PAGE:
Posted May. 22, 2014 05:32,
Updated January. 01, 1970 09:00
The National Assembly`s Political Affairs Committee plans to start discussing the legislation of a pending anti-corruption bill in the wake of the April 16 deadly sinking of the ferry Sewol. The committee`s secretary from the ruling and main opposition parties said Wednesday that they agreed to hold a legislation subcommittee meeting on Friday to deliberate the so-called "Kim Young-ran bill."
The ruling Saenuri Party`s acceptance of the original bill will likely add momentum to the parliament`s passing of the bill in June. The ruling party had been insisting on passing the administration`s revised proposal, while the main opposition New Politics Alliance for Democracy supported the bill in its original form. Saenuri`s floor leader Lee Wan-koo said on a radio talk show Wednesday that the bill should be passed in the original form. Kim Yong-tae, the ruling party`s secretary for the parliamentary Political Affairs Committee, also said that the party will pass the bill in June, regardless whether it is the original proposal or the opposition party`s proposal.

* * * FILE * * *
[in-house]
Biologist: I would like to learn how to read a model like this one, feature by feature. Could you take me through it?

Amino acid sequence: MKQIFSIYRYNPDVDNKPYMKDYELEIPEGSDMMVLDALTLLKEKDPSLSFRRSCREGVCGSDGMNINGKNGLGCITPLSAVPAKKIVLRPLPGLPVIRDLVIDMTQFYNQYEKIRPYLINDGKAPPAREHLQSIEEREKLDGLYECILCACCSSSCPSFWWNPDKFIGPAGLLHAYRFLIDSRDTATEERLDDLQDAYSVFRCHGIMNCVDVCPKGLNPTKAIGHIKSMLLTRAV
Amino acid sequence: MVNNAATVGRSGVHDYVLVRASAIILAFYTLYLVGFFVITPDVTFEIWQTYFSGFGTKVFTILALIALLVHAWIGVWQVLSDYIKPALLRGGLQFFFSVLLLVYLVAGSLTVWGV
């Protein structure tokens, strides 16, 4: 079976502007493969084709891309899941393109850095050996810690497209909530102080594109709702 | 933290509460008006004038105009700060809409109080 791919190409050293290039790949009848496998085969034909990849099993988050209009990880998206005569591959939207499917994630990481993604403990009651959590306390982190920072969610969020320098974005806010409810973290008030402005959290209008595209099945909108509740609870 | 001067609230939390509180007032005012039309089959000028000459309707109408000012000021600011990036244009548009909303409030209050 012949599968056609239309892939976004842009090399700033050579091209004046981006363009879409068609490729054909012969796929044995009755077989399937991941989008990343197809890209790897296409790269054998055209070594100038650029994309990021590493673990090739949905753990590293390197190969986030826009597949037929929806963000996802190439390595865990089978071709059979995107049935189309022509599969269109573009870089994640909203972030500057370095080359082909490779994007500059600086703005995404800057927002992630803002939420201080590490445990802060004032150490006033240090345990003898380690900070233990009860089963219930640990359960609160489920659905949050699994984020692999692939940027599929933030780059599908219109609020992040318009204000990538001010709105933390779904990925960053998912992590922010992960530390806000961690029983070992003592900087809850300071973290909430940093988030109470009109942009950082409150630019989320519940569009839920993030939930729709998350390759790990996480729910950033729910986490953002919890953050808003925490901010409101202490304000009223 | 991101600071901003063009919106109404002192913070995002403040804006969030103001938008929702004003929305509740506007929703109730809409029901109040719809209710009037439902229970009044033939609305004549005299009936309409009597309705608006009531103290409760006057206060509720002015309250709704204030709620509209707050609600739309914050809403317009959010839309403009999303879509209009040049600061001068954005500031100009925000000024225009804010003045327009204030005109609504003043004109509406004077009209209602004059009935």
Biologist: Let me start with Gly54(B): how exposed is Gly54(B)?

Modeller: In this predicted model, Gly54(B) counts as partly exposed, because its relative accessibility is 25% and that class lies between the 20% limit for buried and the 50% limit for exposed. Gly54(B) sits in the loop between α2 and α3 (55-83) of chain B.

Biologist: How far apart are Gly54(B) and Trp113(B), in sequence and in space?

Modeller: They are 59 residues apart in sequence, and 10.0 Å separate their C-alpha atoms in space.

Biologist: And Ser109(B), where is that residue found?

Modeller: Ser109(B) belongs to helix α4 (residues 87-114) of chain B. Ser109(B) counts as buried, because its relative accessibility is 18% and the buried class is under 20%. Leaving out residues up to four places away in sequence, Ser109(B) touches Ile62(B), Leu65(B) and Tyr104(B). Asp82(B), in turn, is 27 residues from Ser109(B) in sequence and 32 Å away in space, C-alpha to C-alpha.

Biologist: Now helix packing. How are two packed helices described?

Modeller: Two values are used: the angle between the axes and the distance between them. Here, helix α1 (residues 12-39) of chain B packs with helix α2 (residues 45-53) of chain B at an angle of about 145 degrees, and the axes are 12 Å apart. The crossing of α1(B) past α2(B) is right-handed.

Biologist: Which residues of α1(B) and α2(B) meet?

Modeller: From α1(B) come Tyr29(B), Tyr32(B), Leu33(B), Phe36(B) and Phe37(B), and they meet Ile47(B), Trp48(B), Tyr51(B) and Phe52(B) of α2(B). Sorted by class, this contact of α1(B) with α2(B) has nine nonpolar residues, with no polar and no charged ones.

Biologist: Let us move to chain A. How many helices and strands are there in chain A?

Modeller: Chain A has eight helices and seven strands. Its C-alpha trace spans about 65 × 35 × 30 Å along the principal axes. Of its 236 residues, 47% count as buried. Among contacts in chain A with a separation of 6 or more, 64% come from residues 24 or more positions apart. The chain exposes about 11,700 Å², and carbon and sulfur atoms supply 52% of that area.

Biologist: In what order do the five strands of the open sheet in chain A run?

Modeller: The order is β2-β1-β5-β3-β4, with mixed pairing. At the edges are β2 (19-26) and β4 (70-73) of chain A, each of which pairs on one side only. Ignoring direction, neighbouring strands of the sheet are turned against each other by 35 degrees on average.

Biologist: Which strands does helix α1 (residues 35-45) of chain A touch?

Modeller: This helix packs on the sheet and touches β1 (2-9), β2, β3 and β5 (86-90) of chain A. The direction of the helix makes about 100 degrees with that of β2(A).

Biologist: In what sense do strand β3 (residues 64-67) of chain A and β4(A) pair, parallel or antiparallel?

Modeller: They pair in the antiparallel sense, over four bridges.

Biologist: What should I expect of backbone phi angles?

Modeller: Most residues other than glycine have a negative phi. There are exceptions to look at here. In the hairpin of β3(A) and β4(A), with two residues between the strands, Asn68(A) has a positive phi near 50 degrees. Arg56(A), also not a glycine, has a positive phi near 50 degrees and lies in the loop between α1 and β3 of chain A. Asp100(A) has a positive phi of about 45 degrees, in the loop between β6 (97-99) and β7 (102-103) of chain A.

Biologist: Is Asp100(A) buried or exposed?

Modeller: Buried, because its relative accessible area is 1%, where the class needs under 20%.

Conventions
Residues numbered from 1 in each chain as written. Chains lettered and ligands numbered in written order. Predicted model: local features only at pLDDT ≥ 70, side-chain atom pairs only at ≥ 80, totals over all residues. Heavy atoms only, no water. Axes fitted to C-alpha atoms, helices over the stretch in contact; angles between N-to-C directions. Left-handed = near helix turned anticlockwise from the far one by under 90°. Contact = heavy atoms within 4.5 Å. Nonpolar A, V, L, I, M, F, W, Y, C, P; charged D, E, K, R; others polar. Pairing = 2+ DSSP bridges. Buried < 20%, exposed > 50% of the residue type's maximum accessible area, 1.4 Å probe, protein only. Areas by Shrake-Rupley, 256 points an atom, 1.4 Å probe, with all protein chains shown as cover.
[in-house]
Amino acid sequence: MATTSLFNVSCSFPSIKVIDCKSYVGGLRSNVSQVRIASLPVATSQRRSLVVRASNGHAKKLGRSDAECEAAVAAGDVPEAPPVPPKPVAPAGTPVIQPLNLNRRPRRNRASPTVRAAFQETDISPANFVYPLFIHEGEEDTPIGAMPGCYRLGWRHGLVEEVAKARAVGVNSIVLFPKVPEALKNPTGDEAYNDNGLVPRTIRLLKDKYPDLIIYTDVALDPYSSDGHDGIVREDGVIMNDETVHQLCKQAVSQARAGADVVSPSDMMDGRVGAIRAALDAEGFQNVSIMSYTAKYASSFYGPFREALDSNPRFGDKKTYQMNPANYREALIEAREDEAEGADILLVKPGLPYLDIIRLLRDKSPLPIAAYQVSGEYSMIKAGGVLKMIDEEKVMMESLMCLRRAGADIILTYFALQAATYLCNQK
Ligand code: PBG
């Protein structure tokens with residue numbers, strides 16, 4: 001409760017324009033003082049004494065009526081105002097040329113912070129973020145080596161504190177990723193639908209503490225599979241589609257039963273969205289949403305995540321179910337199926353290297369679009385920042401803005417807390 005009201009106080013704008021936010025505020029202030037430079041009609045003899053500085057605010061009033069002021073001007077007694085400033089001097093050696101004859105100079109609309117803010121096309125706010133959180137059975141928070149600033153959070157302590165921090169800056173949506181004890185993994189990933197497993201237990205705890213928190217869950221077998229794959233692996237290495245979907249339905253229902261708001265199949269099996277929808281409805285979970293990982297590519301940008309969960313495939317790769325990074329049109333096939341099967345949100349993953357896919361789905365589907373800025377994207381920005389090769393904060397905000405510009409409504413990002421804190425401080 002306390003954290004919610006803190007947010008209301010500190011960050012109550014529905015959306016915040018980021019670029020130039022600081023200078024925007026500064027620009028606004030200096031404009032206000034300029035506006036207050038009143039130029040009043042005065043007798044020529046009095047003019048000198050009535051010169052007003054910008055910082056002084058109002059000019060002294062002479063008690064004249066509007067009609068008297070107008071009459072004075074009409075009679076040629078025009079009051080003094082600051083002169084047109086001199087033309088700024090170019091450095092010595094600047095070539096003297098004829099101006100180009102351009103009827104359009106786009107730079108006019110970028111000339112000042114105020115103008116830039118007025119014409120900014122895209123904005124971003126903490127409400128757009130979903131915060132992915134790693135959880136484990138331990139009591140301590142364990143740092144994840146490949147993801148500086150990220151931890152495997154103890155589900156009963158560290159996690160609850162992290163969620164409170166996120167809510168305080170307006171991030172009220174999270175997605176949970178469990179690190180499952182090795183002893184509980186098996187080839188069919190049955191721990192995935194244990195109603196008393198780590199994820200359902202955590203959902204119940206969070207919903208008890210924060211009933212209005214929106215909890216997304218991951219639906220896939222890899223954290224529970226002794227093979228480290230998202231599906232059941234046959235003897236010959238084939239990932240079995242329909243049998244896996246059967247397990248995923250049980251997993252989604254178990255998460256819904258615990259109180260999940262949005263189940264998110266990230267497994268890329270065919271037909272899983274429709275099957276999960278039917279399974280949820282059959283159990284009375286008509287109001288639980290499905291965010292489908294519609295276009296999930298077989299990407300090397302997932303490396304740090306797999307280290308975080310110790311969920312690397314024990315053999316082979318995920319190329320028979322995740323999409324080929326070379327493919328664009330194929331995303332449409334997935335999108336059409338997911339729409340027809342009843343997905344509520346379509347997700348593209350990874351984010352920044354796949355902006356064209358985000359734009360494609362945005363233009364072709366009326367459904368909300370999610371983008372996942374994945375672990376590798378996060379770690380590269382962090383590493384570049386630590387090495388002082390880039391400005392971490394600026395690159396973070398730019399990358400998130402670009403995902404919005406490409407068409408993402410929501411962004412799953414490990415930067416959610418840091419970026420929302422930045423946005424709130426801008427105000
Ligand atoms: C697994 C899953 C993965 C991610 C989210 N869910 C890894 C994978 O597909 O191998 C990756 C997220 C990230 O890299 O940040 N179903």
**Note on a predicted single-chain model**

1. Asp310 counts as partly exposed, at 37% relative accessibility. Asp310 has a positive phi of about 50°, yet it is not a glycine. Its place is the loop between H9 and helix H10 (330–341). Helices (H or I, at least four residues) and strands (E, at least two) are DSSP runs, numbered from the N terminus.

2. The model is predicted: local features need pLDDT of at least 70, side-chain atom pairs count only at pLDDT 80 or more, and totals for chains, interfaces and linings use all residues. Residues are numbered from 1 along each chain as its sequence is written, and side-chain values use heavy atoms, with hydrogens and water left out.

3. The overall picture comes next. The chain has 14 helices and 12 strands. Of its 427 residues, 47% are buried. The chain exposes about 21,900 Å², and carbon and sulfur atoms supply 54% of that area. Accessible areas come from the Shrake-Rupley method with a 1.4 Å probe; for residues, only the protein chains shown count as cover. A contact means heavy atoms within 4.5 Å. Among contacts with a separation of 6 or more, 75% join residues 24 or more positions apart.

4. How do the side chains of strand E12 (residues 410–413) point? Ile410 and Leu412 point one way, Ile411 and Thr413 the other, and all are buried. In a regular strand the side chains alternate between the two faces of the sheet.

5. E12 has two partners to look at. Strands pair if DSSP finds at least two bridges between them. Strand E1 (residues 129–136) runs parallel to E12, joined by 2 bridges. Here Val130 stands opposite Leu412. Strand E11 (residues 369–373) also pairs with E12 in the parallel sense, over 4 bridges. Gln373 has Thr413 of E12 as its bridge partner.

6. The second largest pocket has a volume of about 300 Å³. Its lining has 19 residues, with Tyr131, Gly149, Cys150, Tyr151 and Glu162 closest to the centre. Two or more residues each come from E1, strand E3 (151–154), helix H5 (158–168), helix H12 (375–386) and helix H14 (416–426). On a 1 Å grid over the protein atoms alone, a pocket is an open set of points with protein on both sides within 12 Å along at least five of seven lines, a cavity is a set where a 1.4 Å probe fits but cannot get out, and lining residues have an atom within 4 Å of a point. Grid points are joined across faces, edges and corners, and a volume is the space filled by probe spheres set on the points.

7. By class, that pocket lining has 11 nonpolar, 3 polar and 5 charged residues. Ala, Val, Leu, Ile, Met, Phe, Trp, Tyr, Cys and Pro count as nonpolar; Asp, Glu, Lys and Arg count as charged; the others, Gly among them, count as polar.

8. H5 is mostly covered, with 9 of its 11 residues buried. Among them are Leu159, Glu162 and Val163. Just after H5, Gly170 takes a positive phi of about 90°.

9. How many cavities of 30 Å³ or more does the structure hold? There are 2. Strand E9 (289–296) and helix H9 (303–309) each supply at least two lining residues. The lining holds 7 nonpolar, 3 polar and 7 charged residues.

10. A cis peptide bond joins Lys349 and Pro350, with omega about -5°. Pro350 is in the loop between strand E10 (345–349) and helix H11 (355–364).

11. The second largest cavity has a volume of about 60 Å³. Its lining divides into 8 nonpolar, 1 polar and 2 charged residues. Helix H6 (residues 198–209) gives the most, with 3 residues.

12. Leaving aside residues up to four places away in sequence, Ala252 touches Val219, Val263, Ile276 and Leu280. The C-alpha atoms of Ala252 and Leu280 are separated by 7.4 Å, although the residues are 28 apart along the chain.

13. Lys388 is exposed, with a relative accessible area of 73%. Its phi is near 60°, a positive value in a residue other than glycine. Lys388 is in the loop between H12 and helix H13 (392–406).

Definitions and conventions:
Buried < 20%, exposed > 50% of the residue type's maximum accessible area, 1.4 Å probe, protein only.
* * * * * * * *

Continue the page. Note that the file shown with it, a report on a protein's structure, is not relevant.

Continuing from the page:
Under the original bill, public officials who receive money or gifts worth 1 million won (975 U.S. dollars) would be subject to criminal punishment, while the administration`s revised proposal calls for punishing only those who take kickbacks in return for favors and impose fines on the rest. There is a possibility that the standard amount could be lowered during the process of parliamentary deliberation.
The anti-corruption bill was proposed in 2012 by Kim Young-ran, then head of the Anti-Corruption and Civil Rights Commission. The bill has been pending in the Political Affairs Committee since it passed at a Cabinet meeting in July. Since the ferry disaster, the bill has re-emerged quickly as a means to end collusive links between public servants and businesses.